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EXAMINATION OF THE
BY THE RULES OF EVIDENCE ADMINISTERED
COURTS OF JUSTICE.
WITH AN ACCOUNT OF THE TRIAL OF JESUS.
BY SIMON GREENLEAF, LL.D.
DANE PROFESSOR OF LAW IN HARVARD UNIVERSITY.
REVISED AND CORRECTED BY THE AUTHOR,
A. MAXWELL & SON, 32, BELL YARD, LINCOLN'S INN;
W. SMITH, 113, FLEET STREET;
HODGES & SMITH, DUBLIN ; T. & J. CLARK, EDINBURGH.
In introducing to the notice of the British Public, Mr. Professor GREENLEAF'S Harmony of the Four Gospels, the publishers have much satisfaction in announcing, that it has become a Standard Work in the United States of America: and its intrinsic value has induced them to make it known, in the hope of promoting its circulation, in this country.
The spirit of infidelity is far more restless and active on the other side of the Atlantic, than, happily, it has been in our highly-favoured land: and, in consequence, it has called forth some of the most able and powerful minds to correct and subdue it. Among these advocates of Divine Revelation, the profound lawyer, Professor Greenleaf, holds a most honourable and distinguished place; and his work may justly be regarded as combining sound and practical knowledge with well-directed zeal and piety. Its character has been very fairly appreciated in two leading North American journals, from which the following extracts are made, as indicative of its contents, and also of the high estimation in which its learned author is deservedly held in his own country.
EXTRACT OF A NOTICE OF PROFESSOR GREENLEAF ON THE FOUR GOSPELS,
THE Author is a lawyer, very learned in his profession, acute, critical and used to raising and meeting practical doubts. Author of a treatise on the law of evidence, which has already become a classic in the hands of the profession which he adorns, and teaches in one of the Law Seminaries which do honour to our country in the eyes of Europe, he brings rare qualifications for the task he assumes. That he
should, with the understanding and from the heart, accept the Gospel as the truth, avow it as his Hope, and seek to discharge a duty to his fellow-men by laying before them the grounds on which he founds this acceptance and this hope, are cheering circumstances to the Christian, and present strong appeals to the indifferent.
To his profession, to the lawyers of the country, however, this work makes a strong appeal. They are a very secular profession. Their business is almost wholly conversant with material interests. Their time is absorbed in controversies, of passion, or of interest. Acute, critical, and disputatious, they apparently present a field unpropitious for the acceptance of a religion, spiritual, disinterested, and insisting on perfect holiness. Still, they necessarily need to know and must enforce the rules of finding truth and justice; the principles for ascertaining truth and dispensing justice are the great subjects of all their discussions, so far as they are discussions of any general principle. From this cause it is, that this profession has numbered among its members, in every age, Christians of great eminence, and in our own day and country, we cannot turn to the eminent men of this profession in any large community, without the satisfaction of finding our Faith embraced by those whose habits of practical as well as speculative investigation, render them evidently the best able to appreciate its claims and to detect any imperfections in its proof.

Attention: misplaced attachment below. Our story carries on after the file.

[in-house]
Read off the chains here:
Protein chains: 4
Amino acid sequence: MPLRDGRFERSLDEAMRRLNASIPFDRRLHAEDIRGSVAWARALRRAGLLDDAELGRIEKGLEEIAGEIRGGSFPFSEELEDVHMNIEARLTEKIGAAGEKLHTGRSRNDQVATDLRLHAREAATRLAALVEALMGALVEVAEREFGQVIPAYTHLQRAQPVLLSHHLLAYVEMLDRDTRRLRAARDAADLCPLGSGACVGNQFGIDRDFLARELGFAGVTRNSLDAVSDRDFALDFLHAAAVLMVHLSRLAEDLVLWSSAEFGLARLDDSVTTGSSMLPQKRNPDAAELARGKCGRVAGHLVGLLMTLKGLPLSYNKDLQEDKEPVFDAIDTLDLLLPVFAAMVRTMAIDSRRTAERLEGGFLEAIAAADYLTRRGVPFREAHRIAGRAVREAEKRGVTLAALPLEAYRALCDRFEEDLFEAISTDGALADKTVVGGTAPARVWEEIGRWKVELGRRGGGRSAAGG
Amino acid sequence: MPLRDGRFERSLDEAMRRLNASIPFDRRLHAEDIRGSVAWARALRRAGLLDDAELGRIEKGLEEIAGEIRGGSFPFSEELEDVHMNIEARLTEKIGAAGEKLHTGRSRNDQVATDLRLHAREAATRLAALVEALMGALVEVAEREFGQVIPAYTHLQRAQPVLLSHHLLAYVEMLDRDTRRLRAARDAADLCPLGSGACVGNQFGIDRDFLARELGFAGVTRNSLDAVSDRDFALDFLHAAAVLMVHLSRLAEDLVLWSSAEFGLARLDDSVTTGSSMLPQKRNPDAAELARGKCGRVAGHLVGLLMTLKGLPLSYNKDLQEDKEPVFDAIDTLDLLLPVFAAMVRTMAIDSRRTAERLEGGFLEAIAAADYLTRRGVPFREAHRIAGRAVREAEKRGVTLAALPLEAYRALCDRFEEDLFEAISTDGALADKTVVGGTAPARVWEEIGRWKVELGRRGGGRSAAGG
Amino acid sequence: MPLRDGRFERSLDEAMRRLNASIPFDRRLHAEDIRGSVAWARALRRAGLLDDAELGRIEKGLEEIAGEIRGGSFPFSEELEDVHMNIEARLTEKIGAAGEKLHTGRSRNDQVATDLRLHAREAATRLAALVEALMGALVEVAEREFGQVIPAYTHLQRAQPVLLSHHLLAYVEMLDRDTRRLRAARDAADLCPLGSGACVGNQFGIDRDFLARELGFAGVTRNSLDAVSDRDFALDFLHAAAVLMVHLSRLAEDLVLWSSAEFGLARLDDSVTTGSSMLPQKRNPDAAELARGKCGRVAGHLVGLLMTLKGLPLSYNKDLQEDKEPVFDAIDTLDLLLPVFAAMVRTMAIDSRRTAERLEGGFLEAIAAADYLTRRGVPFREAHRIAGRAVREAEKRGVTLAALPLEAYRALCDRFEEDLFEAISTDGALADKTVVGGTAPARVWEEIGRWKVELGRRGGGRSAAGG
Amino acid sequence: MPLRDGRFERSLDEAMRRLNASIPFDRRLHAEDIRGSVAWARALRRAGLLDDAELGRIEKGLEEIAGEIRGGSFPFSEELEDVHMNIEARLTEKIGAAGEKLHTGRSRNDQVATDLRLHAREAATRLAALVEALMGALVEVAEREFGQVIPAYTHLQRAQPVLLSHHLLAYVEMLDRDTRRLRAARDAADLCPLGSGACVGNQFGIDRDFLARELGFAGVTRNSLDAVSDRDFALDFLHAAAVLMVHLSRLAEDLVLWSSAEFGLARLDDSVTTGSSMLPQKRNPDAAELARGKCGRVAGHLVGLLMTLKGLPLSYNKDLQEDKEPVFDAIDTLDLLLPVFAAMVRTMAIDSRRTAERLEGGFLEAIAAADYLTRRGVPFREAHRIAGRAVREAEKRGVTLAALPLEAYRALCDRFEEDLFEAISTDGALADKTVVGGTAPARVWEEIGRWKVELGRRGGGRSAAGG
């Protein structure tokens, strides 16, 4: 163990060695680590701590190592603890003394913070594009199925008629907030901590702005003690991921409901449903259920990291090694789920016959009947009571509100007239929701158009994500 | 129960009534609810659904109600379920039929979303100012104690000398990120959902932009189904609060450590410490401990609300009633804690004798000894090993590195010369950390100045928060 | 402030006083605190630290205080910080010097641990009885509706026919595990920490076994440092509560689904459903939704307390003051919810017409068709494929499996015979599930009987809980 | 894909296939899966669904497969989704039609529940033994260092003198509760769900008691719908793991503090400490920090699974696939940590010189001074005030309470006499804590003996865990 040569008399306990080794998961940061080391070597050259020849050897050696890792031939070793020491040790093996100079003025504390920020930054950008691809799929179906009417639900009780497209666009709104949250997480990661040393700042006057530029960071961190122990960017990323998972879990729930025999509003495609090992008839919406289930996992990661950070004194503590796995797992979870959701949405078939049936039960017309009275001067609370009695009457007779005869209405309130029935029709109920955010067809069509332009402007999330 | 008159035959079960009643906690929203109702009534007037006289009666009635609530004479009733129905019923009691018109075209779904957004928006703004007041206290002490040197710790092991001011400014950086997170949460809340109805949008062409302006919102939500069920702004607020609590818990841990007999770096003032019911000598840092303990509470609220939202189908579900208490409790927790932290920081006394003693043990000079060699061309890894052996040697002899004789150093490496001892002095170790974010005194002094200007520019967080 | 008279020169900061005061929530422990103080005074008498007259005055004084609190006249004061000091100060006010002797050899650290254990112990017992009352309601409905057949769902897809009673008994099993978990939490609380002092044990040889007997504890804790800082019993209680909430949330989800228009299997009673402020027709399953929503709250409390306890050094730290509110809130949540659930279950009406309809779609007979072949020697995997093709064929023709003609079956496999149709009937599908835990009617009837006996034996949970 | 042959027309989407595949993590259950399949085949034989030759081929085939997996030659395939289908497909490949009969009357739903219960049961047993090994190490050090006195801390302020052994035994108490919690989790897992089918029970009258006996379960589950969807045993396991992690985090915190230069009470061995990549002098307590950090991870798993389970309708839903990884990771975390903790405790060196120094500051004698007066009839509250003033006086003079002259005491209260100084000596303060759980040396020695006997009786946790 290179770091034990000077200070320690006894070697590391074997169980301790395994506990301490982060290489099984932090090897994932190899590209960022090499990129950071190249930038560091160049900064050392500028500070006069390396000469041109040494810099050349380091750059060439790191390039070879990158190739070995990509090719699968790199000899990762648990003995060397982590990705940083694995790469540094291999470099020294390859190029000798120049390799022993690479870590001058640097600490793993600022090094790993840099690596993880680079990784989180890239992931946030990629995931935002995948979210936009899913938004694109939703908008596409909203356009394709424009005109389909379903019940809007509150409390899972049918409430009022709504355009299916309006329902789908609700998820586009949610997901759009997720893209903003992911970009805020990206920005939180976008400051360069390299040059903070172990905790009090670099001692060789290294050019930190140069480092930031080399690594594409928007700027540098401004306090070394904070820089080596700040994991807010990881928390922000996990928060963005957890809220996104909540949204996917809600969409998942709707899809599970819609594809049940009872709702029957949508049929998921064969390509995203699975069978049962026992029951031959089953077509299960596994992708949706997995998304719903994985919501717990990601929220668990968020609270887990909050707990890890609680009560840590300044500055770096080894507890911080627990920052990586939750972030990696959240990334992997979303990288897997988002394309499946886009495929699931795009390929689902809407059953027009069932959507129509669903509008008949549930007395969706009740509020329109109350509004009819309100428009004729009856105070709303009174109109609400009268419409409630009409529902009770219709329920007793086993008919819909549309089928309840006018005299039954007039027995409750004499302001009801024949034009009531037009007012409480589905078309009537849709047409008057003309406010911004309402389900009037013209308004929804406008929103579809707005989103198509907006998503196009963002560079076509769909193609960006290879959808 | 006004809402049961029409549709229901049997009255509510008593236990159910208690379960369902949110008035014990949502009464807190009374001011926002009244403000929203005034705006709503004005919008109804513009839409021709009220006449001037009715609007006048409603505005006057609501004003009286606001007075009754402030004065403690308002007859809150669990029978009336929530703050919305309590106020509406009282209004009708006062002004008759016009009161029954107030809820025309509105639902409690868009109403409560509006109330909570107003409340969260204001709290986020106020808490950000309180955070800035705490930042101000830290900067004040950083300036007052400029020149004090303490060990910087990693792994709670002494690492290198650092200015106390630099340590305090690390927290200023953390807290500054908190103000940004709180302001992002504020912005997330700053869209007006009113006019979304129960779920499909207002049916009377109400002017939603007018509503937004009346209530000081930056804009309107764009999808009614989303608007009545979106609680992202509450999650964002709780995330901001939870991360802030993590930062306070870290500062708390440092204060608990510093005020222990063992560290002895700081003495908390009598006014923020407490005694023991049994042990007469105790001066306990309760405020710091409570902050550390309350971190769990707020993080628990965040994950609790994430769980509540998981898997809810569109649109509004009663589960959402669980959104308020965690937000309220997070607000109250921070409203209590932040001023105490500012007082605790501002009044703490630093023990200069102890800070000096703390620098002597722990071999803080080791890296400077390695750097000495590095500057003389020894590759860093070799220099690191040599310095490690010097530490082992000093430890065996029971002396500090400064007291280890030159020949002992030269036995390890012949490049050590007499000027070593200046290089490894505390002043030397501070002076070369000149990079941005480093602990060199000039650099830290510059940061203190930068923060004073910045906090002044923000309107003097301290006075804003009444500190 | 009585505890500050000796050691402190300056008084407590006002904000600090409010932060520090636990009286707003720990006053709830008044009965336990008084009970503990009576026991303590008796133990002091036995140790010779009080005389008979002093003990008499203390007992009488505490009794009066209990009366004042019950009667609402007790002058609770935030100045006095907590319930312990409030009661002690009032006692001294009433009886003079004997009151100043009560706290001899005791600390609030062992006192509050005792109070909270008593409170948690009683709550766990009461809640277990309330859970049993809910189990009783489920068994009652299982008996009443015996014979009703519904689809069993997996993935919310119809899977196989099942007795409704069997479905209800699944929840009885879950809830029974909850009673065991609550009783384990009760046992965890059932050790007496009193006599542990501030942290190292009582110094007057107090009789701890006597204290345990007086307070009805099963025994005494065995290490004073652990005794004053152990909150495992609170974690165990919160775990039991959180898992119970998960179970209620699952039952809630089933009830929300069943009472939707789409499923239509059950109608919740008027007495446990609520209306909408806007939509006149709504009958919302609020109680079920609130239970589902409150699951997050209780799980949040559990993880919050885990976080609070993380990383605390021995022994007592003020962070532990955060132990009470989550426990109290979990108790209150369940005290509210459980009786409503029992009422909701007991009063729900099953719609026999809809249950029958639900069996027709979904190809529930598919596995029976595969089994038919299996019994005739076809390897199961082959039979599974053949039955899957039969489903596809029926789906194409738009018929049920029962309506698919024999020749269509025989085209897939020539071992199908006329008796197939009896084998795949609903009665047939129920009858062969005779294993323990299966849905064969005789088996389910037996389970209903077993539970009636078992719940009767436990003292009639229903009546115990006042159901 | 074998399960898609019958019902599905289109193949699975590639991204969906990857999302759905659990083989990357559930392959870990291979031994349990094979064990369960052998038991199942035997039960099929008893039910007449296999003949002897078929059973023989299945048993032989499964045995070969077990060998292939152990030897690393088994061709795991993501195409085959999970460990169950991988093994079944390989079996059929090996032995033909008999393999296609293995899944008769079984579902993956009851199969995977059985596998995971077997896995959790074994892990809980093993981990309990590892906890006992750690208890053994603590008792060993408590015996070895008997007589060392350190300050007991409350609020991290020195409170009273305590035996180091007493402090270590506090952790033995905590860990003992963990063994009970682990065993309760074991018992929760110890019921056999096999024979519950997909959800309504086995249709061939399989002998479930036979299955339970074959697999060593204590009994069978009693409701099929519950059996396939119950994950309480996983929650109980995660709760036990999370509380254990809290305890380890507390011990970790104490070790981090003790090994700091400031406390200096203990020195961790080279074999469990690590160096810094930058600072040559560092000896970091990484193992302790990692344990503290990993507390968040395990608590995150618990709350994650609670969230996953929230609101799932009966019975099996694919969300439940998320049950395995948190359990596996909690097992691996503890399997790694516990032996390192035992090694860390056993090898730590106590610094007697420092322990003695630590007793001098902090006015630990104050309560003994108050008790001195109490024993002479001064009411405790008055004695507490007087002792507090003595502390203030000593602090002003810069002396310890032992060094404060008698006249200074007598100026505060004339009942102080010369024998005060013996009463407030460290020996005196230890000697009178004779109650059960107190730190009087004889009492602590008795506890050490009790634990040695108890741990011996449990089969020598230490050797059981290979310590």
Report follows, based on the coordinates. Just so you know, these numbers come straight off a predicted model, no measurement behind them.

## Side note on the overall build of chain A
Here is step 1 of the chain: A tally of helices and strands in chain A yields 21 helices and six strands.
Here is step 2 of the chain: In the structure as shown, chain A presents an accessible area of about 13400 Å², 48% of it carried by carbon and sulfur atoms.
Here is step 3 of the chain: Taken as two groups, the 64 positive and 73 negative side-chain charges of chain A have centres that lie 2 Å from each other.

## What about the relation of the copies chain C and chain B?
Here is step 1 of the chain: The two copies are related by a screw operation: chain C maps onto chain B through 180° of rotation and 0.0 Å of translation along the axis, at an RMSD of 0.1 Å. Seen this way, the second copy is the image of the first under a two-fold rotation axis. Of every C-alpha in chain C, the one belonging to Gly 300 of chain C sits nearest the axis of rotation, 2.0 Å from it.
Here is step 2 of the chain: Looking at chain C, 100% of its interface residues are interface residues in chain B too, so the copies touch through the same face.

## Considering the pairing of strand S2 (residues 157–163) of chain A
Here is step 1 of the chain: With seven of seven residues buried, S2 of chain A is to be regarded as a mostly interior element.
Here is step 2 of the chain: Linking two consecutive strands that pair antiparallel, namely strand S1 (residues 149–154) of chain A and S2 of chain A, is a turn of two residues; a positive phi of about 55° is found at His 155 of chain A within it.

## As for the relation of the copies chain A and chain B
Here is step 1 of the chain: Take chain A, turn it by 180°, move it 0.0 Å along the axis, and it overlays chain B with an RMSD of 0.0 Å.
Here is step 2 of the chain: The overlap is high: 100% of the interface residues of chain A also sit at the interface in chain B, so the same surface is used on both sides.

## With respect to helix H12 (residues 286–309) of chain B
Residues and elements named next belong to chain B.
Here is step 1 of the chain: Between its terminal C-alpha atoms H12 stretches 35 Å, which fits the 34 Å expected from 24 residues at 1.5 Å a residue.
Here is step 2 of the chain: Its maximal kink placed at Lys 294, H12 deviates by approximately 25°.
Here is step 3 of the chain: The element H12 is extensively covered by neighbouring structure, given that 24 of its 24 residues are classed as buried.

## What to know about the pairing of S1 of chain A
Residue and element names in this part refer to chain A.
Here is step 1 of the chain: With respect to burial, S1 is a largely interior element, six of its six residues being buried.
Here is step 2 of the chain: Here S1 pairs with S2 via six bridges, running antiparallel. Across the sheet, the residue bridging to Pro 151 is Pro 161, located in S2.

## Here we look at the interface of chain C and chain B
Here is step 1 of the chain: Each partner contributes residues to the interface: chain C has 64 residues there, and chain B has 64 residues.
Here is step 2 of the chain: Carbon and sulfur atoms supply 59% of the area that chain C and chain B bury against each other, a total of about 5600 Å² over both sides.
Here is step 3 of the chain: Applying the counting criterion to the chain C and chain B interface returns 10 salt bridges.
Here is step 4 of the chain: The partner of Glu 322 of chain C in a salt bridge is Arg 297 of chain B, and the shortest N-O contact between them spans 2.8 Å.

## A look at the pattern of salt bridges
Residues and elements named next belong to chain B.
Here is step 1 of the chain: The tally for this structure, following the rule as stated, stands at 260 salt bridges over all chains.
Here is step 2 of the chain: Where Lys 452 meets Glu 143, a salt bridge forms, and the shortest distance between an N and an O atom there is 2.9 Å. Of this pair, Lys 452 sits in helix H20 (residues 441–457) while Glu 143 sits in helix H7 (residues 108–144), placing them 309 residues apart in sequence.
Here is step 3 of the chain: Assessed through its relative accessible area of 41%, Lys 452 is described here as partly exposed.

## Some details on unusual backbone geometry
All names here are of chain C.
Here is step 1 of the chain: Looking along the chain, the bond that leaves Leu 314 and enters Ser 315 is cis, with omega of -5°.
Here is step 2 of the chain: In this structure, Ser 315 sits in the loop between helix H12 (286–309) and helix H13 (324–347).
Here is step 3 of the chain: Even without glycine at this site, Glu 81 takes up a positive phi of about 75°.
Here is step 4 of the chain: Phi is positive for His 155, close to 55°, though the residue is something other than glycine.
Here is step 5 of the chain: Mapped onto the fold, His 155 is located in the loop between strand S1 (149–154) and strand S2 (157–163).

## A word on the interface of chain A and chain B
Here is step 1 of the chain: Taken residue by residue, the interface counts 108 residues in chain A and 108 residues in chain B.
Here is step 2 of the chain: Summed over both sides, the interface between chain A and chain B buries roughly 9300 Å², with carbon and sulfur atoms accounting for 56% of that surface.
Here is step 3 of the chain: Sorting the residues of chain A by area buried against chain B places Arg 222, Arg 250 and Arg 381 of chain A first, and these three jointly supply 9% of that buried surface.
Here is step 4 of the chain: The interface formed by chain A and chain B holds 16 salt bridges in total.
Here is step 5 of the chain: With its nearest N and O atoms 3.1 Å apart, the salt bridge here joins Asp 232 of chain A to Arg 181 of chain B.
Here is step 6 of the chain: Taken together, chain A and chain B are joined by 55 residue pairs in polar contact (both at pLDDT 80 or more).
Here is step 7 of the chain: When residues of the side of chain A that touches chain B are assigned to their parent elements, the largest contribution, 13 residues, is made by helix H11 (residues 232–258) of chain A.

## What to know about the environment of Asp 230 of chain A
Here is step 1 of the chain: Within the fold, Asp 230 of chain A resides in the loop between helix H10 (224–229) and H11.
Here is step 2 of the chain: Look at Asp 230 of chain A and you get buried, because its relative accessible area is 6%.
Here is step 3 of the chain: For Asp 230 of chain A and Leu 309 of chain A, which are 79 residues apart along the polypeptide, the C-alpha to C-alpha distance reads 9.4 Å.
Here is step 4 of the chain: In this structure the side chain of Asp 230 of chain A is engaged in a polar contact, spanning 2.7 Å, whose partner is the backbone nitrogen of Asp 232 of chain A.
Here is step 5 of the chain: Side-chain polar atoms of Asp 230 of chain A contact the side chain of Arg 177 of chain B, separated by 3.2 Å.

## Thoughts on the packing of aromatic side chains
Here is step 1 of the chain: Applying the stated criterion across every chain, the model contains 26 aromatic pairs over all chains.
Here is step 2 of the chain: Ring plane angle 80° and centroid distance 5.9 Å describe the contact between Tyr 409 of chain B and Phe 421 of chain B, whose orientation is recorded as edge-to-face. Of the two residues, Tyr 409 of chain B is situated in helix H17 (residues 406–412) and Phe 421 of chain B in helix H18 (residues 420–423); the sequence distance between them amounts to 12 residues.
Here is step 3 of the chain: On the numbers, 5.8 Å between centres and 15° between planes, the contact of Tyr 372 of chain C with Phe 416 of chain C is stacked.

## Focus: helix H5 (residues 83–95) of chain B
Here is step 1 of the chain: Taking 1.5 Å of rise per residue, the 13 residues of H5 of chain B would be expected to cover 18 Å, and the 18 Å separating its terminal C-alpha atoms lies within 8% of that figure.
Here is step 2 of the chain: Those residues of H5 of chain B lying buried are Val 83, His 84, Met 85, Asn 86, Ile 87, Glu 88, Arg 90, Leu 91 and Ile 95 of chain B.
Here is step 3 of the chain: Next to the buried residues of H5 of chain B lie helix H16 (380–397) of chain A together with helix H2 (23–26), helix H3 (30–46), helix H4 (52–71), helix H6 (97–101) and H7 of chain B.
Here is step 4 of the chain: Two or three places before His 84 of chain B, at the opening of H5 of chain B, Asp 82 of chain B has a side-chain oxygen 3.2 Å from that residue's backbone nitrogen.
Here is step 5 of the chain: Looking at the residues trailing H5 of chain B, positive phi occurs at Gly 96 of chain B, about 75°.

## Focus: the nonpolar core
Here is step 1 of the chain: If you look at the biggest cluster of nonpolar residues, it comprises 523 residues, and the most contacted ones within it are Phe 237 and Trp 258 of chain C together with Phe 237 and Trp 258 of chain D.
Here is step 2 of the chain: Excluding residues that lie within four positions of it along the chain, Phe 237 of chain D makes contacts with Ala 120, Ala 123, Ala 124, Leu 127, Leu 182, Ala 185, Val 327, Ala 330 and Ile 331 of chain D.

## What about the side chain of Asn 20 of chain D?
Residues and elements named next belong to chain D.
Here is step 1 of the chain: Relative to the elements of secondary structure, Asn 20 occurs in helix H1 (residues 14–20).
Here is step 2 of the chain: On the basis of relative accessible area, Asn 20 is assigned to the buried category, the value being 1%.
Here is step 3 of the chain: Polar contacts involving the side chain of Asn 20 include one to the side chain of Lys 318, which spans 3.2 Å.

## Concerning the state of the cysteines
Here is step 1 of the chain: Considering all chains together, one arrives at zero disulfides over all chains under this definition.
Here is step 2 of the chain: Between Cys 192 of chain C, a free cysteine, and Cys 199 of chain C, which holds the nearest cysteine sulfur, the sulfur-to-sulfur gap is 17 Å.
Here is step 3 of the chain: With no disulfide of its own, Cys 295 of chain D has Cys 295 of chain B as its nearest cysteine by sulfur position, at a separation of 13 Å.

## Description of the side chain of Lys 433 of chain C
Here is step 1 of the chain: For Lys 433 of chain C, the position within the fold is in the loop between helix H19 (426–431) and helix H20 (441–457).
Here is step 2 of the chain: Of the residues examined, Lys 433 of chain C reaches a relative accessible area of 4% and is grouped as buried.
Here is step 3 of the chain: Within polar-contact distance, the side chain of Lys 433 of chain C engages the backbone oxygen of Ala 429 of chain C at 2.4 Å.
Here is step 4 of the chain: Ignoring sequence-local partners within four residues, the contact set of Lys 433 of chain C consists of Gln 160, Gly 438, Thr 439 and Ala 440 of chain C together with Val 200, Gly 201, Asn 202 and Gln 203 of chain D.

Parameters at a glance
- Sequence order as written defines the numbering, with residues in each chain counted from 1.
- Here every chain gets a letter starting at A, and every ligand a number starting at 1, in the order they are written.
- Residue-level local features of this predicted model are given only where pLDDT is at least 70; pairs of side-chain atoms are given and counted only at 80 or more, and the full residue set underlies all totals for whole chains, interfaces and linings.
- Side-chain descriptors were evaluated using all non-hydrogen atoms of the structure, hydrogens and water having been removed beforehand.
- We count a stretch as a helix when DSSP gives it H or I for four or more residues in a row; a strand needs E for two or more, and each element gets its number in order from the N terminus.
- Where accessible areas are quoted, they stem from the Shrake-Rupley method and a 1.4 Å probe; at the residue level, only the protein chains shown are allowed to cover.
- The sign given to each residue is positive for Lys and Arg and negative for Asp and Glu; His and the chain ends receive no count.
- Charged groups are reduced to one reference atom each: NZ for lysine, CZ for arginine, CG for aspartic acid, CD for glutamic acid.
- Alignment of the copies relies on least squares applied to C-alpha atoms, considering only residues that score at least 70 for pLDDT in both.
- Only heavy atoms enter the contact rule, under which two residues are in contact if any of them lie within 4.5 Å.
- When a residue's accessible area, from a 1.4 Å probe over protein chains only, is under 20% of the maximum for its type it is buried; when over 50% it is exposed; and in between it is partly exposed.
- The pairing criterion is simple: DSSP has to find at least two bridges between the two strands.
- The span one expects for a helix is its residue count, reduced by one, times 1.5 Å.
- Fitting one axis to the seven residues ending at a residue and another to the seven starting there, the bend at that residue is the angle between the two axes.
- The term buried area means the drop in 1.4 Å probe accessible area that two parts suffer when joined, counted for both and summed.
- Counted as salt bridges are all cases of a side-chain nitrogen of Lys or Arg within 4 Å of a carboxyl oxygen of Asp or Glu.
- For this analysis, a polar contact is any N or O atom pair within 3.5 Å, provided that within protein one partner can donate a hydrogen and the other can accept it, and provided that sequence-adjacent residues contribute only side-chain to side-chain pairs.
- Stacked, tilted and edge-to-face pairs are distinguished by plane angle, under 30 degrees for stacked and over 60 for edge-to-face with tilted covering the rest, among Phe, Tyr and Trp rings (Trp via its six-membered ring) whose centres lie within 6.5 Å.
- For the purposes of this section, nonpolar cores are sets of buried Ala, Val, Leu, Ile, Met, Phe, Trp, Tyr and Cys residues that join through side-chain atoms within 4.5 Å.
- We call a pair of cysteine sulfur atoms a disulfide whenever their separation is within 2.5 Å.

So we trust it always may be; and we are assured that the best models of the mode of investigating matters of legal controversy as the proof of facts, are writings on the evidences. Paley's treatise and that of Chalmers, on the oral testimony in favour of Christ's mission, Paley's examination of the writings of the apostle Paul, are, we are assured, the best models extant for forming the habit of examining oral and documentary evidence. These are subjects on which it is of vital importance, in a secular view, that a lawyer's habits should be right: in a spiritual view the importance is unspeakable. Mr. Greenleaf has doubtless felt this truth, and has also felt that his position would give to his labours some authority with his brethren and with the public. He has given himself honourably to the labour, and spread its results before the world.
It is long since Infidelity has found its advocates among the truly learned. Among the guesses and speculations of a small portion of unsanctified medical men, she still finds now and then a champion. Historians and philosophers have long since discussed her pretensions. And now from the Jurists and Lawyers, the practical masters of this kind of investigation, works are appearing, whereby not only an earnest reception of the Gospel is manifested, but the mode and means of investigation are pointed out and shown to correspond with those principles of action and of credit by which all human affairs are governed.
We lose in respect to our own investigations on this subject by its very sacredness We have an idle dread, that it is not open to free investigation to severe practical tests. We need to be invited, to be pressed to examine this subject freely. Dr. Chalmers in one department of this inquiry has led the way. Mr. Greenleaf in another has also presented an example. And it will not be competent, after these men have thus investigated and taught the rules and laws of investigation, for any man who is not willing to arrogate superior claims to learning and ability, to turn aside superciliously from an examination of the Gospels.
Such are our views of this work, which we commend to all: to the legal profession, from the character of its topics and the rank of its author: to men desirous of knowledge, in every rank in life, because of its presenting this subject under such a treatment as every-day practical questions are treated with.